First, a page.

Oregon grape is a valuable medicinal plant that can be harvested year-round. A cooling and clearing medicine with a range of therapeutic uses and in wilderness emergencies.
Latin Name: Mahonia aquifolium, M. nervosa (many more species)
Indigenous Names: suni'ulhp (Downriver/Island); suliyulhp (Upriver)
Eastern Name: Gong Lao Mu (Mahonia Bealei)
Common Names: Oregon Grape, Tall Oregon Grape, Mountain Grape, Mountain Holly, Oregon Holly, Holly Grape
An upright or spreading, evergreen shrub growing to 6ft. It has shiny, pinnately leaves, with 5-11 shiny, green, oblong, hollylike leaflets. The leaflets are flat to strongly wavy with sharp, spine-tipped teeth and not to be confused with Holly. The small yellowish-green flowers appear in dense racemes at branch tips. The blue-purple berries appear in autumn.
Mahonia nervous is native to North America, Oregon Grape grows in the Rocky Mountains up to 7,000ft and in the woods from Colorado to the Pacific coast. It is abundant in Oregon and northern California. A beautiful plant to grow, thriving in any good garden soil and tolerating dense shade under trees.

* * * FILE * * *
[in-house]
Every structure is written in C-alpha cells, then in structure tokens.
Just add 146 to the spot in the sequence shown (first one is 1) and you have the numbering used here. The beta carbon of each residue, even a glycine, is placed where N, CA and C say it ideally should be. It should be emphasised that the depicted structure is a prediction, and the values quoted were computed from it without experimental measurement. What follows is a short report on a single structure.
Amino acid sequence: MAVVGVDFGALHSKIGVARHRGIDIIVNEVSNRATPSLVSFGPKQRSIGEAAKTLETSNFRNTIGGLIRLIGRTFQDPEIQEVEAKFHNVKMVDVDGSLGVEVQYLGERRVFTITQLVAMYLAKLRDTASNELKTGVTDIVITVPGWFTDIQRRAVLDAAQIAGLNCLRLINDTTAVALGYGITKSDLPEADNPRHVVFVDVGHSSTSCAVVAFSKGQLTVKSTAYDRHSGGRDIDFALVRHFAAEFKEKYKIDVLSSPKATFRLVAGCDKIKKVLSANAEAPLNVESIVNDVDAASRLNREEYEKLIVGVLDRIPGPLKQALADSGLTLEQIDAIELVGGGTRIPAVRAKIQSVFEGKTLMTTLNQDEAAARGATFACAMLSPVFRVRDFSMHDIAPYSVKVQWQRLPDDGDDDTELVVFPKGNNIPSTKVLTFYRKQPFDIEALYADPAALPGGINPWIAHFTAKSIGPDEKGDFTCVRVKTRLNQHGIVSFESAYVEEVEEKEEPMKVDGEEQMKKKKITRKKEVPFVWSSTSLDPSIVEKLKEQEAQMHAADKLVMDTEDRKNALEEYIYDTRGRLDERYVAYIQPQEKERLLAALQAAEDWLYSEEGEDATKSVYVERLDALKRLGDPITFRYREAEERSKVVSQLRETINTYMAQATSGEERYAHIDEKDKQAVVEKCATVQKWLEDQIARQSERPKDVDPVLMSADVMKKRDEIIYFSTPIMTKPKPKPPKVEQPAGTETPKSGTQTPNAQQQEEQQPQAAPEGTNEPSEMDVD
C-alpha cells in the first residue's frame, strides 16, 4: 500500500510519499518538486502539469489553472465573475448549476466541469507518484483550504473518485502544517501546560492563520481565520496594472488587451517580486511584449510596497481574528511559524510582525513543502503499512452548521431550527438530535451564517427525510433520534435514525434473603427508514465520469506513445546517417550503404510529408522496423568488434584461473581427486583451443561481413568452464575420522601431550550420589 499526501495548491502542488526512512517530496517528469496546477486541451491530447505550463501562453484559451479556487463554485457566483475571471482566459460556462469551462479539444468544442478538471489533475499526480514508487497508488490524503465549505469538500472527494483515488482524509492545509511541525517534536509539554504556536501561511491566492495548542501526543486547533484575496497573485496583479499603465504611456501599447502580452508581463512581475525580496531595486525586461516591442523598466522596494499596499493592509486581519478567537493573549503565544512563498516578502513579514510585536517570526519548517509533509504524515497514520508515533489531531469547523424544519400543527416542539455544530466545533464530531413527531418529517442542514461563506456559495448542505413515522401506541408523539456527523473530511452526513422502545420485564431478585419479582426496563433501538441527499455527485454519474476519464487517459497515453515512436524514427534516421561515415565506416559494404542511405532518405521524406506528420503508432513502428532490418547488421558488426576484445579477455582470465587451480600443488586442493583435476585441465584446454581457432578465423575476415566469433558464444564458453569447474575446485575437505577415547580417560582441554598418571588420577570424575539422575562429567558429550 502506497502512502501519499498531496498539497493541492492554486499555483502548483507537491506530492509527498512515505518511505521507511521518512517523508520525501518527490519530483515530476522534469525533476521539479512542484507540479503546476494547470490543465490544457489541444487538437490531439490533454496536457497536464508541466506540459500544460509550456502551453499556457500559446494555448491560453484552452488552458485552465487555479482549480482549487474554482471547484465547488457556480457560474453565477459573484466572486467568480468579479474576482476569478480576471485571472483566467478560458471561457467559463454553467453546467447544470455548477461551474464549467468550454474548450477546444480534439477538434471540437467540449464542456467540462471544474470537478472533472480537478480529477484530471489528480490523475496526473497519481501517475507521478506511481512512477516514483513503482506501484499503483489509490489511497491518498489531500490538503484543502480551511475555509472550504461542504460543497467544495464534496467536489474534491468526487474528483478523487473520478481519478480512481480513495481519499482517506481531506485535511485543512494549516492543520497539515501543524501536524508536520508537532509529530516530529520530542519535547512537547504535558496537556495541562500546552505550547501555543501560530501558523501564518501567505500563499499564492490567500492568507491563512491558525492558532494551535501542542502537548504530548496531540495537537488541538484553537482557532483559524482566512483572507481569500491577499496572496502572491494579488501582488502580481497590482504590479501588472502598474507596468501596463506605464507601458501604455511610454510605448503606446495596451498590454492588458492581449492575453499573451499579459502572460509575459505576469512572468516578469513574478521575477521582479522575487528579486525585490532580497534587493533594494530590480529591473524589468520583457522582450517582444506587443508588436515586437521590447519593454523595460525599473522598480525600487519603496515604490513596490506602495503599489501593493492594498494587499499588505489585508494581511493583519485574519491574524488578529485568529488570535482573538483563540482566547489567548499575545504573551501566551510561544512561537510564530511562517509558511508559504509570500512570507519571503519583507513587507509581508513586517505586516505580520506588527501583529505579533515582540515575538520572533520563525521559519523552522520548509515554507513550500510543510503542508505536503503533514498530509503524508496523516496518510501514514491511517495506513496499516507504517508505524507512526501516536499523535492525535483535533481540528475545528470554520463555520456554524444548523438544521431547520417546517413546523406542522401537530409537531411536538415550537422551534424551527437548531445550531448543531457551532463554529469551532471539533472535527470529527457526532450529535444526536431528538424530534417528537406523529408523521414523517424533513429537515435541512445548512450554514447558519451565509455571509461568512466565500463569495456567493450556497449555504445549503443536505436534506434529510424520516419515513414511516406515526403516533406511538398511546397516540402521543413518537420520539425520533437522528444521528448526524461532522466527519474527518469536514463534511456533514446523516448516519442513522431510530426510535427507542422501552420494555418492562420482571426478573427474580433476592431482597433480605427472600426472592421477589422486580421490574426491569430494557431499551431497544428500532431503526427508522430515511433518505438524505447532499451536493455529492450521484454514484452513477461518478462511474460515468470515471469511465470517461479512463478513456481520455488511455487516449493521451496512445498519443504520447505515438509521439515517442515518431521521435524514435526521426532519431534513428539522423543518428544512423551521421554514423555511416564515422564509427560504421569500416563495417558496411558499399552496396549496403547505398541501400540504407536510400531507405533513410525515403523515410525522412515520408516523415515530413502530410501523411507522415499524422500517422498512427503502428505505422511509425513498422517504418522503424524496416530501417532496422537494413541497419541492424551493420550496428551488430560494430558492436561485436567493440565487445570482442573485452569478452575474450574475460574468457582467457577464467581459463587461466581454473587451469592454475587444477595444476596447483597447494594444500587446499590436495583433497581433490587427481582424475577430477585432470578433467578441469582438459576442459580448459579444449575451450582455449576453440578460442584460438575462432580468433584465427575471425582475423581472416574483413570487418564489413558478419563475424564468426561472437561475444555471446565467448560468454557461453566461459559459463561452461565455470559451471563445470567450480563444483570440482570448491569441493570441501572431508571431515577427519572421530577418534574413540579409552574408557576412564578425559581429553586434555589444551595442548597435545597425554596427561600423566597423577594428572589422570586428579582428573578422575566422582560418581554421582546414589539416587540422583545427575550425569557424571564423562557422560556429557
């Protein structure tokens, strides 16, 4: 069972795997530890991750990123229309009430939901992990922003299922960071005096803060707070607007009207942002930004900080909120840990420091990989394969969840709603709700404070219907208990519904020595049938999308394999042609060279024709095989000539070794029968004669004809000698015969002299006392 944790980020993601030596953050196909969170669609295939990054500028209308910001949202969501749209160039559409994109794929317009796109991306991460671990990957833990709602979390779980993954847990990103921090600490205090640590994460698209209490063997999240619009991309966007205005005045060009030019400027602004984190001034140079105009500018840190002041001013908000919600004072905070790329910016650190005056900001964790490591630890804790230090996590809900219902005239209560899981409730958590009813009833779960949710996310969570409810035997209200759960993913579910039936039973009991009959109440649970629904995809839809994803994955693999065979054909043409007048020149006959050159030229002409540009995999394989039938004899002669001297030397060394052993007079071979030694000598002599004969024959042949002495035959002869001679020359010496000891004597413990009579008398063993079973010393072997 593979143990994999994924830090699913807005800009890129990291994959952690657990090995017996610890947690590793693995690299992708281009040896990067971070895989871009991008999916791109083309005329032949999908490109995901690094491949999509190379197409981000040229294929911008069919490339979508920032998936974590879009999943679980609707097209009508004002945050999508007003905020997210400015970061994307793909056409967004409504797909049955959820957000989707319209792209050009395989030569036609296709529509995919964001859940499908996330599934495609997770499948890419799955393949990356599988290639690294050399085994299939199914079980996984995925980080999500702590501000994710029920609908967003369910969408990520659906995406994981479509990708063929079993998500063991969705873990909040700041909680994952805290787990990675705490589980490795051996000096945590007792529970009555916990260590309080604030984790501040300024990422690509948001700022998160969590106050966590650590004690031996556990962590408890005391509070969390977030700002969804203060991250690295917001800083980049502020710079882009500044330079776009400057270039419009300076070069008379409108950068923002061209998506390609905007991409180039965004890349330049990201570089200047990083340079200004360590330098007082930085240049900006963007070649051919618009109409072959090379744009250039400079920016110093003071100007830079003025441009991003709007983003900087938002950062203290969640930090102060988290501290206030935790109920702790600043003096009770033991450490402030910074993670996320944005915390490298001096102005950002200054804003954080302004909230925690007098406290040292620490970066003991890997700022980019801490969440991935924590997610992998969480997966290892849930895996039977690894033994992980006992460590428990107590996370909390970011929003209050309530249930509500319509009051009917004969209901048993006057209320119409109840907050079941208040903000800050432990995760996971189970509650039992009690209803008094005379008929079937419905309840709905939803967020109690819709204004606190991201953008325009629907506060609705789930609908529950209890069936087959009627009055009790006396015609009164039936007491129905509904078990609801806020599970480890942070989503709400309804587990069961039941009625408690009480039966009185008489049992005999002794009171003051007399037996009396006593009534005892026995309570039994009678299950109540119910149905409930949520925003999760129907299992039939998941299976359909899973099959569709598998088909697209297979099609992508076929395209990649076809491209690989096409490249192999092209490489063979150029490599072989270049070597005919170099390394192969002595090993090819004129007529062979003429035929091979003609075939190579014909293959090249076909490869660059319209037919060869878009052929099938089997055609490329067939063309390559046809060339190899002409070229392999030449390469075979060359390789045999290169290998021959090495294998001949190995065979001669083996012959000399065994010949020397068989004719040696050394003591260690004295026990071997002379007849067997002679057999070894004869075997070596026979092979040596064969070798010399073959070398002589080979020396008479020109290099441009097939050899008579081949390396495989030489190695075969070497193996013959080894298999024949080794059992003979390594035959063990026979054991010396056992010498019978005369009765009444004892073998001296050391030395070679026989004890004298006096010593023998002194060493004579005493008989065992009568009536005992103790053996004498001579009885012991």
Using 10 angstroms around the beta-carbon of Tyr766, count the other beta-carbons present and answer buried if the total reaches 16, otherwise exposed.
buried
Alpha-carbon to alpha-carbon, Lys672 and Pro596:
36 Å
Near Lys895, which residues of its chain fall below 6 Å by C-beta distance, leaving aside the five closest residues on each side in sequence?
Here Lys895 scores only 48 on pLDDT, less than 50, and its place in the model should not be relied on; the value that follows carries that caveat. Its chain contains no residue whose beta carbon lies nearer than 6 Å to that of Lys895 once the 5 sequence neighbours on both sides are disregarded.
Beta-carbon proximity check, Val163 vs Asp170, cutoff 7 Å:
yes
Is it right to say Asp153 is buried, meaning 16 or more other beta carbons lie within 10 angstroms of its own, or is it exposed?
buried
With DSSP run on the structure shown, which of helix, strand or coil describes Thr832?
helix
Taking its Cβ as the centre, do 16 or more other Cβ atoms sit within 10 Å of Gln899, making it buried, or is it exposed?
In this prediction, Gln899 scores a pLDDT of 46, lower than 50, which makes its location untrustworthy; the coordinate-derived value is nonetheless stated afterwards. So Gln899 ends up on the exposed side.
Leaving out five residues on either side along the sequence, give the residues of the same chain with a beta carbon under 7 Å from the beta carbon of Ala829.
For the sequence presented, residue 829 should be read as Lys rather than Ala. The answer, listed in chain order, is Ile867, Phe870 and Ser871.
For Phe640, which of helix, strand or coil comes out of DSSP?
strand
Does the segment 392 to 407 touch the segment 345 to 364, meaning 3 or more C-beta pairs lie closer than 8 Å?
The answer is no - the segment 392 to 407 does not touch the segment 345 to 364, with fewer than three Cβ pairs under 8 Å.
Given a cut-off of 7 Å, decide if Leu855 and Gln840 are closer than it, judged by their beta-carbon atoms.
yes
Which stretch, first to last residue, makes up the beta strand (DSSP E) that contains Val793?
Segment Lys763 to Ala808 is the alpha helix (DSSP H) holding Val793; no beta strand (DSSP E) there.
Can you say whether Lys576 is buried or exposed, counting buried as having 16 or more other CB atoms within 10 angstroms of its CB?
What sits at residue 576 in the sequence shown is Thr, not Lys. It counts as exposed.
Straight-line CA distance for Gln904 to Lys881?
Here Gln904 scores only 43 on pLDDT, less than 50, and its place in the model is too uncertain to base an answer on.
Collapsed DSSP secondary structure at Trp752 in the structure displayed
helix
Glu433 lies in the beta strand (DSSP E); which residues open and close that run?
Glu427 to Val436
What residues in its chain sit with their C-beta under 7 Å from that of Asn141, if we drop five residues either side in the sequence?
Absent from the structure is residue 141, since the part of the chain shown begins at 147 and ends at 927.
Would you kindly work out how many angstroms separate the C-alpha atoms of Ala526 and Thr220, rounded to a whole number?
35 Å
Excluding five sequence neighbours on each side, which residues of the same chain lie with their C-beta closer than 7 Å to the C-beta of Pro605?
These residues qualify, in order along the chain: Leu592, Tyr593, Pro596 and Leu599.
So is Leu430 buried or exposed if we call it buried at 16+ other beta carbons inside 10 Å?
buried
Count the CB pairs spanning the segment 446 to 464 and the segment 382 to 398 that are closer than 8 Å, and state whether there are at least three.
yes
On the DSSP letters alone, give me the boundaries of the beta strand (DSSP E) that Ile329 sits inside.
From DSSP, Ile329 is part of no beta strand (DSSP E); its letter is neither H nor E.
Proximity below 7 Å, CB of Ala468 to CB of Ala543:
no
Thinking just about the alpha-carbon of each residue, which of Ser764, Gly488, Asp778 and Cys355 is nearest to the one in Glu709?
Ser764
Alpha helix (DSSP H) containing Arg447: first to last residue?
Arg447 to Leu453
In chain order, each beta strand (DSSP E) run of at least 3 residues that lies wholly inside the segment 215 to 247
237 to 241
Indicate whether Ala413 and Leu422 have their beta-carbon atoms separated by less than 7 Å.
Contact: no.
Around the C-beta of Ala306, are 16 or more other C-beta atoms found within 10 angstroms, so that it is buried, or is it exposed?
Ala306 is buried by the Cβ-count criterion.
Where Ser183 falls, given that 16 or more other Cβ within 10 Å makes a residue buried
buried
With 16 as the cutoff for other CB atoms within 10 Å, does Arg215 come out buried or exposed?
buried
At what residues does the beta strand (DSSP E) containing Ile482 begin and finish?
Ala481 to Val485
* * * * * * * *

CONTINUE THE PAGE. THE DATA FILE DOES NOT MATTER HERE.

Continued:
Oregon grape is an important food source for Indigenous peoples throughout the Pacific Northwest coastal region. The berries are eaten raw or dried into cakes for storage or trade to sustain during the winter. Often Oregon grape is mixed with salal berries to reduce the tart taste. The traditional uses include the root and leaves for loss of appetite and debility. The berries are a mild laxative. The root can be used to make a yellow dye and the berries to make a purple-blue dye.
An ancient medicinal plant in traditional Chinese medicine where it is valued for treating infections and supporting the liver.